The Legal Advocate

A blog brought to you by the national institute for trial advocacy

Monthly Archives: July 2017

Welcome the Newest NITA Advocates

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NITA is proud to announce the 2017 2nd quarter recipients of the Advocate Designation. These designations are awarded to a person who has taken a well-rounded set of courses, proving they are serious about trial advocacy.

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  • Andre Hungerford | Hungerford Legal
  • Charles Shelton | Crone Hawxhurst LLP
  • Keevil Markham | Law Office of Keevil L. Markham
  • Maria Estanislao | Loventime Law LLC
  • Marilyn Phelps | Office of Marilyn Phelps
  • Christopher Nuneviller | Nuneviller Law
  • Tanya Broholm | Tanya Broholm Attorney at Law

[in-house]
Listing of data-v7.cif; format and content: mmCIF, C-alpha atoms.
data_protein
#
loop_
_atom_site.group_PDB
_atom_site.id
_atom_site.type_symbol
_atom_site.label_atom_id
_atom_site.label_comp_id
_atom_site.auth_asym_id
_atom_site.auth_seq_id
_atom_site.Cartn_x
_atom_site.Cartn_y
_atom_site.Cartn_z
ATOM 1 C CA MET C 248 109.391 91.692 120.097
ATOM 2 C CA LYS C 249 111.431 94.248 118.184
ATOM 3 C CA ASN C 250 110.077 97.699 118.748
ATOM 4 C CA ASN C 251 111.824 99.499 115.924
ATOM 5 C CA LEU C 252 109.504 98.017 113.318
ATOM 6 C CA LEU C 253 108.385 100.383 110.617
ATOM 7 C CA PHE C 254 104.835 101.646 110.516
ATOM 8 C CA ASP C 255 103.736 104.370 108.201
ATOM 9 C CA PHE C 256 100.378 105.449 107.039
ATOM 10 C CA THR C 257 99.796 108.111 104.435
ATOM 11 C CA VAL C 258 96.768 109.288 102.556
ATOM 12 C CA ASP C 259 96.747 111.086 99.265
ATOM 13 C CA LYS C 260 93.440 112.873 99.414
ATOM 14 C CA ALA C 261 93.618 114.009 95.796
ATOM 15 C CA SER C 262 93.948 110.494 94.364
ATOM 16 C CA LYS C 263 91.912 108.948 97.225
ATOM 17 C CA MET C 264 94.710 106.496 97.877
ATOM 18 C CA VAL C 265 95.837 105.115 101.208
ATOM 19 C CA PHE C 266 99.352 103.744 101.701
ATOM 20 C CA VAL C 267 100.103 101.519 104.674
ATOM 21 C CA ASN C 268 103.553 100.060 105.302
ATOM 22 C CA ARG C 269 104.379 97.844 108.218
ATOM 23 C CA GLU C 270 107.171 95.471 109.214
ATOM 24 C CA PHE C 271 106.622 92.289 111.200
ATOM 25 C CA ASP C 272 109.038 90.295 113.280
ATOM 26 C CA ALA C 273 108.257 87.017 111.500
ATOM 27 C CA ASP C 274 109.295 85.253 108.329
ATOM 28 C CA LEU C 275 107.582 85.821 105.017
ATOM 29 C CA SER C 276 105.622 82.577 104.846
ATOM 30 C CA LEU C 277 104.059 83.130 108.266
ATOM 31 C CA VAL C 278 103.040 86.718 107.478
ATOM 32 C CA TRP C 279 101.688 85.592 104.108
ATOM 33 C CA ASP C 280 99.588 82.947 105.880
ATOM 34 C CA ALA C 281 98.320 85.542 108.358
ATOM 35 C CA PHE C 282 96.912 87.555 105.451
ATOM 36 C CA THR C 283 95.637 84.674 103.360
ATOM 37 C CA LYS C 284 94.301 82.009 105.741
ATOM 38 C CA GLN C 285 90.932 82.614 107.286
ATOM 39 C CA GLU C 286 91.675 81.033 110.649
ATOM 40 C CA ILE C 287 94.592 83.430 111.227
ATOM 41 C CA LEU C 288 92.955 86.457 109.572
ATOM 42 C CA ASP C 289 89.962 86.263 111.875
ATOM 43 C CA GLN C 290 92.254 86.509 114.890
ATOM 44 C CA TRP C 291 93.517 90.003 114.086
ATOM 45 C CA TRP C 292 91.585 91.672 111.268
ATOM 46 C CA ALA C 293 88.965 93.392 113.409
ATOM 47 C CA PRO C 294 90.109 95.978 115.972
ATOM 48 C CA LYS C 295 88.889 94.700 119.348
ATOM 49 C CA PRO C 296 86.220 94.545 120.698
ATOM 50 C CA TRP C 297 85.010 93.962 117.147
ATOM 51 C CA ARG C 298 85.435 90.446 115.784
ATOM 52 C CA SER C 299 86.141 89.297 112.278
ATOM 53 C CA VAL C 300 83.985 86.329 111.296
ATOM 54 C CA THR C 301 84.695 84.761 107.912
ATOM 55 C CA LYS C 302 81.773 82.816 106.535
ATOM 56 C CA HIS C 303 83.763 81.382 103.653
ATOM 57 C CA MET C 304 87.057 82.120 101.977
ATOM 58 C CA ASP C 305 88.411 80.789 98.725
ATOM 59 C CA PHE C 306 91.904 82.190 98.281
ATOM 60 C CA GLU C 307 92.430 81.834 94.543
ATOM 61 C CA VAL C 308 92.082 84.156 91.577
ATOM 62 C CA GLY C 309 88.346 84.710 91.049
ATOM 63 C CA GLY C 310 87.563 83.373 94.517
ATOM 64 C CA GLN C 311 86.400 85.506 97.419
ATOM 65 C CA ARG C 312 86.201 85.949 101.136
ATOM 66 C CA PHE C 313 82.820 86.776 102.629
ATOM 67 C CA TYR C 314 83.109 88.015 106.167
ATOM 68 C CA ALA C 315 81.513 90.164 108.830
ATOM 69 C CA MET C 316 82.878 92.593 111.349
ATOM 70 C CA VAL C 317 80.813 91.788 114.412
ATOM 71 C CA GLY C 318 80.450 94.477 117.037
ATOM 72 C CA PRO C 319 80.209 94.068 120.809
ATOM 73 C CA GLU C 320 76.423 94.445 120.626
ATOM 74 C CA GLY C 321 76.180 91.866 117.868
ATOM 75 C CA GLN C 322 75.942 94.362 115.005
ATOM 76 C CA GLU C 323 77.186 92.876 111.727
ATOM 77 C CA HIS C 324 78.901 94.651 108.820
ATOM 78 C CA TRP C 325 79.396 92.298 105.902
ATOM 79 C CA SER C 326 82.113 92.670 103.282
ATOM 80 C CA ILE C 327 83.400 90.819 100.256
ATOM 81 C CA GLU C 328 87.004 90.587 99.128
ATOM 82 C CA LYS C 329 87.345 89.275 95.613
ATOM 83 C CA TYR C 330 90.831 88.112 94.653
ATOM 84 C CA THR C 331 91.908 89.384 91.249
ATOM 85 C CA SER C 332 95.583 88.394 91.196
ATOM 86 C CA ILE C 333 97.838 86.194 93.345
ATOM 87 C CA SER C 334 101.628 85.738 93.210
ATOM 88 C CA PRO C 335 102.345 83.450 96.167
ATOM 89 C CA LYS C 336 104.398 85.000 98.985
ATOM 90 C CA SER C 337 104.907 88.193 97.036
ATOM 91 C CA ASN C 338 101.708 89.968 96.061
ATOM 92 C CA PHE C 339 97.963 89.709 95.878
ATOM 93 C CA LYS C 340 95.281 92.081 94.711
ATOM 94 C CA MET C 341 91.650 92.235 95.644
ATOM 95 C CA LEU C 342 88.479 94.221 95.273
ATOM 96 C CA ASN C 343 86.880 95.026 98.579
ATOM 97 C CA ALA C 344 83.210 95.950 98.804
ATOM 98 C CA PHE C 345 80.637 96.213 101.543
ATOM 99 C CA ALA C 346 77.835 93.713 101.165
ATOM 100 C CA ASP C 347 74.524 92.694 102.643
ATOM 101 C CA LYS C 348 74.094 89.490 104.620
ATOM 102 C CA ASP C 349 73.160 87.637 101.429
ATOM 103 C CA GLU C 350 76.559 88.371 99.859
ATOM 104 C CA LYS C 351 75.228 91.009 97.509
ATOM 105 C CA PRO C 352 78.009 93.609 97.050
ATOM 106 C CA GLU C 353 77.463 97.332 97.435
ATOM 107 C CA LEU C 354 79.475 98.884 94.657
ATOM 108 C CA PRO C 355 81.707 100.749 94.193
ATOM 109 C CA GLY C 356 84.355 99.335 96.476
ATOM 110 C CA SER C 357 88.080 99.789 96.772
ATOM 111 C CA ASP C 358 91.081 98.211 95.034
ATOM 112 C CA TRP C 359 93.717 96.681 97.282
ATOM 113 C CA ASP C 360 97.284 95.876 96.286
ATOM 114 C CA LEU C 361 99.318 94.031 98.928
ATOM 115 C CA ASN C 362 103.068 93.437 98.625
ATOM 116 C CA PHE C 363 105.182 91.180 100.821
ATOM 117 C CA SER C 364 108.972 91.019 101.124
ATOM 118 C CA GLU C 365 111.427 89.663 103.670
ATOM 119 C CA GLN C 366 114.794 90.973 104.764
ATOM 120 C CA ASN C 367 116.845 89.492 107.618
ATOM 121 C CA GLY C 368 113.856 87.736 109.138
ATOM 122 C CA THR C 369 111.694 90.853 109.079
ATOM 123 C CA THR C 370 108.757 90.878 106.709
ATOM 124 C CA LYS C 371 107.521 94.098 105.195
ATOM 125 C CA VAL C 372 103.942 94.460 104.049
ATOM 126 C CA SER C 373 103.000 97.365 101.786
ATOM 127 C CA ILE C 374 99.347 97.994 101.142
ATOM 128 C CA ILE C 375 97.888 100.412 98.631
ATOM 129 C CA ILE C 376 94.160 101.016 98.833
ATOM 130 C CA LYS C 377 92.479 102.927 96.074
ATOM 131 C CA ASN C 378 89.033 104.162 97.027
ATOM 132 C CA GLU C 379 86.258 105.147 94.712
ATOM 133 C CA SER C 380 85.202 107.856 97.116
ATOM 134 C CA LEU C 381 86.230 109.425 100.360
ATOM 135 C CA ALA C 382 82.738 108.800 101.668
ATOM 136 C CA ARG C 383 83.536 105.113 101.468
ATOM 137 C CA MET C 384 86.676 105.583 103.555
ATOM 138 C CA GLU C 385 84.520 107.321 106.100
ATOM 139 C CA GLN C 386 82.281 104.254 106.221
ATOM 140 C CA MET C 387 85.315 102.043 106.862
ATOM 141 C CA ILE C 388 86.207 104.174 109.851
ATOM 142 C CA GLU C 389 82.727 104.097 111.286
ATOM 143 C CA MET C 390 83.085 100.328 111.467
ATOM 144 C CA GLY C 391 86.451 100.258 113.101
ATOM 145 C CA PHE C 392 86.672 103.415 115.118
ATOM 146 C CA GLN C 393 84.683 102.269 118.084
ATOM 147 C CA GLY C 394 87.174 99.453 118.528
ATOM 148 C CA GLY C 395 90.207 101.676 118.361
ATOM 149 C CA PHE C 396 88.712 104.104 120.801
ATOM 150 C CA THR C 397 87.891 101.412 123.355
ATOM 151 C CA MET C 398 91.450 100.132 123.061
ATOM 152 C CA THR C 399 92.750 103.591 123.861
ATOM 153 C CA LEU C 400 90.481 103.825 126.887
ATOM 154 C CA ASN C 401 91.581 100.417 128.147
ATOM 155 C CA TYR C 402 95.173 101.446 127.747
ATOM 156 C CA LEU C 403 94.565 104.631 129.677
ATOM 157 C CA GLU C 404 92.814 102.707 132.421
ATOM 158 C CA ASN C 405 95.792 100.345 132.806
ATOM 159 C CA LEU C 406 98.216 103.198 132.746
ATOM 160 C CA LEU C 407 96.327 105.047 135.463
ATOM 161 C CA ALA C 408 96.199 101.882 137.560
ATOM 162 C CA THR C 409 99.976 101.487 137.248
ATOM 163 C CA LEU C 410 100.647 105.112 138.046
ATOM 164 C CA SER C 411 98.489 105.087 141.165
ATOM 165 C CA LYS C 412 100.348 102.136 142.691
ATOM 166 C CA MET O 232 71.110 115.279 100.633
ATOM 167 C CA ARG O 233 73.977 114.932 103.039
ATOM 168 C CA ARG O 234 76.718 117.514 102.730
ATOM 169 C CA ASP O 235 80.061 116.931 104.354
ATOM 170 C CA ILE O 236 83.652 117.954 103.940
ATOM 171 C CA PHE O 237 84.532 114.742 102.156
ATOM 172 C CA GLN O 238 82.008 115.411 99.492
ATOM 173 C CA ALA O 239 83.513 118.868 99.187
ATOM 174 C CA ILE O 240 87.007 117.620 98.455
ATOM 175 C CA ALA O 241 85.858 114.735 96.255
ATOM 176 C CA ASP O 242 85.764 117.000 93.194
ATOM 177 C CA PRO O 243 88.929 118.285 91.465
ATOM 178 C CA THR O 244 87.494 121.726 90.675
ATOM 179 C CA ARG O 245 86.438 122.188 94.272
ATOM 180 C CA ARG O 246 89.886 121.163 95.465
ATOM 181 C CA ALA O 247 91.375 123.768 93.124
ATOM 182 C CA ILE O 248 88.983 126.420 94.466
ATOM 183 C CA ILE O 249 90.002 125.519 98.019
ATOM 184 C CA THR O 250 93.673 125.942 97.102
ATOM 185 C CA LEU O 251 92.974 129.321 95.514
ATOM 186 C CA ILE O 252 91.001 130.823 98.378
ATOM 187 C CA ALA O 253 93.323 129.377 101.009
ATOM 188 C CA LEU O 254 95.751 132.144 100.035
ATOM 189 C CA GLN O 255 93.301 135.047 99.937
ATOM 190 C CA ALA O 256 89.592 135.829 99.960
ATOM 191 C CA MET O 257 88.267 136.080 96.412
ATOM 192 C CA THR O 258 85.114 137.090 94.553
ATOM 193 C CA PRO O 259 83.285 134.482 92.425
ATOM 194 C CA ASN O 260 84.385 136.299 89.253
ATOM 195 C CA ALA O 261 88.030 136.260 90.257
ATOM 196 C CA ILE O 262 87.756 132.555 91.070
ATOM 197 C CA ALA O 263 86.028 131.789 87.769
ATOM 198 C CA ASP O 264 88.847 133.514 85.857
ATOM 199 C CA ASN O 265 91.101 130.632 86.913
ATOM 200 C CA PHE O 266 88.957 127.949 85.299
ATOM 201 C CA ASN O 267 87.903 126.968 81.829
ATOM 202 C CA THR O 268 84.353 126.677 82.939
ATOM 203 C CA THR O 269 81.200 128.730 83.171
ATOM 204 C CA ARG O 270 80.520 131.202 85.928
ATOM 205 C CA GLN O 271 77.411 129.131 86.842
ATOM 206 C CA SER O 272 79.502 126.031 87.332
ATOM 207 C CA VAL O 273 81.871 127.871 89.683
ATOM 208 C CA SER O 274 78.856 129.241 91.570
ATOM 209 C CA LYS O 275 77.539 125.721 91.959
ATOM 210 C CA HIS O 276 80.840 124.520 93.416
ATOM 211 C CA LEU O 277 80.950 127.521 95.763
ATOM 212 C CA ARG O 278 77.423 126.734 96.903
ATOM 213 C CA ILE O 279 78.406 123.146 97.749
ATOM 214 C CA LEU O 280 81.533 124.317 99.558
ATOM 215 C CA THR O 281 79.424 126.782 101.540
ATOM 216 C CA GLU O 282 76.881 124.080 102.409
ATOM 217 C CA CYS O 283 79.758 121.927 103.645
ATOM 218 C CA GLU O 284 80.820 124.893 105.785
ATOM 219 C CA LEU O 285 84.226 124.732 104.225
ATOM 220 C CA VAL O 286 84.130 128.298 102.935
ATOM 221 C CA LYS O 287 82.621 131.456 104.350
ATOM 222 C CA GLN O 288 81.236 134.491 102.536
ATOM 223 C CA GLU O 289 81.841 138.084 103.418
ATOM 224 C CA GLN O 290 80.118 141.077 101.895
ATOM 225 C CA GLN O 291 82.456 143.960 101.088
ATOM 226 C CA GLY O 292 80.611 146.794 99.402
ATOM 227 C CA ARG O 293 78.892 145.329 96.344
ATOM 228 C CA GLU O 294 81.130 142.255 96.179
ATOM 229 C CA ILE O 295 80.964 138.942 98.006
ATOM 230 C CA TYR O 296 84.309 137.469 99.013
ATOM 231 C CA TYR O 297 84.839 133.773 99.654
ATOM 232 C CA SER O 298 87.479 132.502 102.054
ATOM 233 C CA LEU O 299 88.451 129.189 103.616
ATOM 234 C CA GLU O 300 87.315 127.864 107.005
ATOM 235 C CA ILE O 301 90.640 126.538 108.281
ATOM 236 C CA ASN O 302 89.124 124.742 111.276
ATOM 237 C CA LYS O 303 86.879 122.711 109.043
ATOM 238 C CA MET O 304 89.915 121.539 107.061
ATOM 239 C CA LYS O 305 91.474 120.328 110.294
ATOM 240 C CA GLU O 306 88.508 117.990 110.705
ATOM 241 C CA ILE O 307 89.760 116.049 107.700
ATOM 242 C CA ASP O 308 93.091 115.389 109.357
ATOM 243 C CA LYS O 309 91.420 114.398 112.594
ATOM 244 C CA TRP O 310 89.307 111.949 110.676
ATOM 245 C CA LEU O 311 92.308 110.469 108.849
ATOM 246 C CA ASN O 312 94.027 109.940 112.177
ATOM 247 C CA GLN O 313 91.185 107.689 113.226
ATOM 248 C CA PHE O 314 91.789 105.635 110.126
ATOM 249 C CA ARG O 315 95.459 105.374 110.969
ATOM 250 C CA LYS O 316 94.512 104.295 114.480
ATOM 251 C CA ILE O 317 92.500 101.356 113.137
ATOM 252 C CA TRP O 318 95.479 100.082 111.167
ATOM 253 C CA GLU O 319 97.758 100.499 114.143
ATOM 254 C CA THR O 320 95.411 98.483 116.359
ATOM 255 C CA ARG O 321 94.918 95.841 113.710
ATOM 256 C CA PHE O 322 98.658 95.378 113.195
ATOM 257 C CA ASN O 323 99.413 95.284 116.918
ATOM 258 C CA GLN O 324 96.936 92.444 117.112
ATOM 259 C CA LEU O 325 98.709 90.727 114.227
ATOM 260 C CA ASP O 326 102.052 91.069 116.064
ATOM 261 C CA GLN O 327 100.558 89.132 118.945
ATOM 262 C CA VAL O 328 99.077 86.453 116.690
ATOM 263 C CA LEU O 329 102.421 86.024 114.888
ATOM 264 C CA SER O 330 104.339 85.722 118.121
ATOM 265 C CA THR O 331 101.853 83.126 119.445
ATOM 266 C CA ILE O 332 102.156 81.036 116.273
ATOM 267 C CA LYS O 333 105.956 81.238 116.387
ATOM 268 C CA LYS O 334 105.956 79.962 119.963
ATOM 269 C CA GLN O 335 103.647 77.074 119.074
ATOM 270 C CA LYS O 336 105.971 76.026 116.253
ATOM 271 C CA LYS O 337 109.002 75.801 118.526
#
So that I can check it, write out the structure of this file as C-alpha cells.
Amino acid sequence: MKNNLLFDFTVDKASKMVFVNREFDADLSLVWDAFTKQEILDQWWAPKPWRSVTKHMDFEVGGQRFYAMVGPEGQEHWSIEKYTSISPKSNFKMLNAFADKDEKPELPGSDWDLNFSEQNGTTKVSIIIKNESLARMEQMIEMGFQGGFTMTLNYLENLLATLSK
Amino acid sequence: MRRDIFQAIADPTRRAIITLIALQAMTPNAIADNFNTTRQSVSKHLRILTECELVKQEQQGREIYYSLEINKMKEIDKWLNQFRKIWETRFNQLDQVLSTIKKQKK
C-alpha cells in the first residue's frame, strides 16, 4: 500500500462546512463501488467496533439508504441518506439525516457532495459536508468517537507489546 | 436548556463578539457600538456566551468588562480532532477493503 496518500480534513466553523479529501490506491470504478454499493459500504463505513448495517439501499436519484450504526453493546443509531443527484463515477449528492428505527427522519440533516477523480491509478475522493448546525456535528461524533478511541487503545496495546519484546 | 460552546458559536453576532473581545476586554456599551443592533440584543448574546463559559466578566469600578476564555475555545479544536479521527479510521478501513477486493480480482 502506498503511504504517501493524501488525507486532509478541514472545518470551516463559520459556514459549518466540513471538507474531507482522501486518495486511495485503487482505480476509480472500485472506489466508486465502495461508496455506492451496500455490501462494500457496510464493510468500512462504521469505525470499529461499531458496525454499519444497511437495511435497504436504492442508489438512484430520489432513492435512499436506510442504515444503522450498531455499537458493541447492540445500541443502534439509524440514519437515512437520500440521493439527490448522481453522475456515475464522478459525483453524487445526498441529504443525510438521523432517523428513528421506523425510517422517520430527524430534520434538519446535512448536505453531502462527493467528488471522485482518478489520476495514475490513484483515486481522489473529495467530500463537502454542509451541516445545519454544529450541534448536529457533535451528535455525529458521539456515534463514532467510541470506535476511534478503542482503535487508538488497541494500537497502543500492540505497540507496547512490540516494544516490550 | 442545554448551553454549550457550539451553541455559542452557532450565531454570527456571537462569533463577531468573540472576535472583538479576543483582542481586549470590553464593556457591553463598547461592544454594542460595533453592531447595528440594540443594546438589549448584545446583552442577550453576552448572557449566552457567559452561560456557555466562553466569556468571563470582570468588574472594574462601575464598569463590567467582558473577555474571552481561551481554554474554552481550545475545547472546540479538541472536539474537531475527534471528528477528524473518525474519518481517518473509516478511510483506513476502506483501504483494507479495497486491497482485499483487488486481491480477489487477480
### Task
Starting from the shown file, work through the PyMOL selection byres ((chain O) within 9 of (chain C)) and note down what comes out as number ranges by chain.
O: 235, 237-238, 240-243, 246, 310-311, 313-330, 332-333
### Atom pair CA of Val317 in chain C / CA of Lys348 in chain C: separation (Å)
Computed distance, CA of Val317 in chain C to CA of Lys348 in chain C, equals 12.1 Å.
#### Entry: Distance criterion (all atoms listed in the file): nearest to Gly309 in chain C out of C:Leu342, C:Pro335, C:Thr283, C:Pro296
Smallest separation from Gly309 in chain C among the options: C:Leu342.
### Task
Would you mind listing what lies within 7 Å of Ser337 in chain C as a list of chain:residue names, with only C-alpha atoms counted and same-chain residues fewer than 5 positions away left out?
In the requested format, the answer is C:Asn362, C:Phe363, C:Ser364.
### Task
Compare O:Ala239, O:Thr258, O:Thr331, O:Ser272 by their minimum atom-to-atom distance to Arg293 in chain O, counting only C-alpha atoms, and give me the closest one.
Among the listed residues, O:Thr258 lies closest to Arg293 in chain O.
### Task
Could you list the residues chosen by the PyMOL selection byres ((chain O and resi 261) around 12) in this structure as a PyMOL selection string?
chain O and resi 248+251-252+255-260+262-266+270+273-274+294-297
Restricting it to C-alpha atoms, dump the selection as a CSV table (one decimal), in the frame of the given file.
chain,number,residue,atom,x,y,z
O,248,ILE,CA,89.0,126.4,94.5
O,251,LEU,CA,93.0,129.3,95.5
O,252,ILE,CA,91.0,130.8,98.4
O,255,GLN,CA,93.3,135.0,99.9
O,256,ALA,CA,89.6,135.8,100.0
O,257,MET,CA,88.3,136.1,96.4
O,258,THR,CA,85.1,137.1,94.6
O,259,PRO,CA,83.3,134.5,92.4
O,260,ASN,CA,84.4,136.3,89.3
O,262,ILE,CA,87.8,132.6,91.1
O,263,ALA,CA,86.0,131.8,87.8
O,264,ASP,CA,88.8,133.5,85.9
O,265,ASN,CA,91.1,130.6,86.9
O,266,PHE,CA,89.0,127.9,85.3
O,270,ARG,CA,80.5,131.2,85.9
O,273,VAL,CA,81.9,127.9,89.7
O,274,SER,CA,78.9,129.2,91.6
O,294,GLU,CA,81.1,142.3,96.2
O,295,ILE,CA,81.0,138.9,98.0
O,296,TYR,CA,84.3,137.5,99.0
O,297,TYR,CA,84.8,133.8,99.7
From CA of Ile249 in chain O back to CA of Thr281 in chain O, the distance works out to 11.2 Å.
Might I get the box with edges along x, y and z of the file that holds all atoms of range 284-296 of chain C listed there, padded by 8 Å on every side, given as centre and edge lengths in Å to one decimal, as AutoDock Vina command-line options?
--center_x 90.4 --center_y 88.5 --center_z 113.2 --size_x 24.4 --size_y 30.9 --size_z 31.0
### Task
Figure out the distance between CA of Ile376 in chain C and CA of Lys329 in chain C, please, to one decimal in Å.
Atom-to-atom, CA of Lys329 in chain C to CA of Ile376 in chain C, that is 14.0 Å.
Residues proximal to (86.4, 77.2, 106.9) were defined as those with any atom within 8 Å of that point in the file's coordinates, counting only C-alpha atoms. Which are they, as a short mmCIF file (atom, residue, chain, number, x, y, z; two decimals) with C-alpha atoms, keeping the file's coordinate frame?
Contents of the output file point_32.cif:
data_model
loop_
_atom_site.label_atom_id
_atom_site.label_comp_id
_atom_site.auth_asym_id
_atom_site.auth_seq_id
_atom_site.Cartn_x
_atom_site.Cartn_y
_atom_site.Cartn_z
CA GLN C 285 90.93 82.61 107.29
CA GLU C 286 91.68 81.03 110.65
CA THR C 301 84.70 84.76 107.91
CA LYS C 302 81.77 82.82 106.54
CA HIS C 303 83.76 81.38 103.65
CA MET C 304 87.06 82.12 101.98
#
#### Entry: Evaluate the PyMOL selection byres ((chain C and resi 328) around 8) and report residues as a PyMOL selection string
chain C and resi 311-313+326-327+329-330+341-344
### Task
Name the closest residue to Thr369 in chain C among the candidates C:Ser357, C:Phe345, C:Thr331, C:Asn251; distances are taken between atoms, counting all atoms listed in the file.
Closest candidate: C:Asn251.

• Sam Wu | Law Office of Sam XJ Wu APC

If you have any questions on how you can receive the NITA Advocate or NITA Master Advocate Designation, please review the information on our Advocate Designations page, or email customerservice@nita.org.

July 2017 Executive Director’s Letter: Humanity, Lawyering, The Best Kinds of Wishes

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Lockwood_KarenEven with all the judicial words carefully chosen and deeply scrutinized for their wisdom in written opinions, the flags marking the character of any lawyer or judge are the ones said outside crafted rulings and precedential cases. This is not a political statement – it is one of humanity.

Chief Justice John Roberts Jr.’s recent reflection illustrates the impact of this humanity. Each lawyer, whether or not the leading Justice in the land, sets the object and tone of true justice by the words and action expressed publicly. If those words are true as the North Star and delivered with some art, they will make a difference every day in your communities, offices, and courts.

Here, then, are the markings of the ideal advocates. This is the passage from Justice Roberts’ commencement speech to his son’s school of middle-years boys.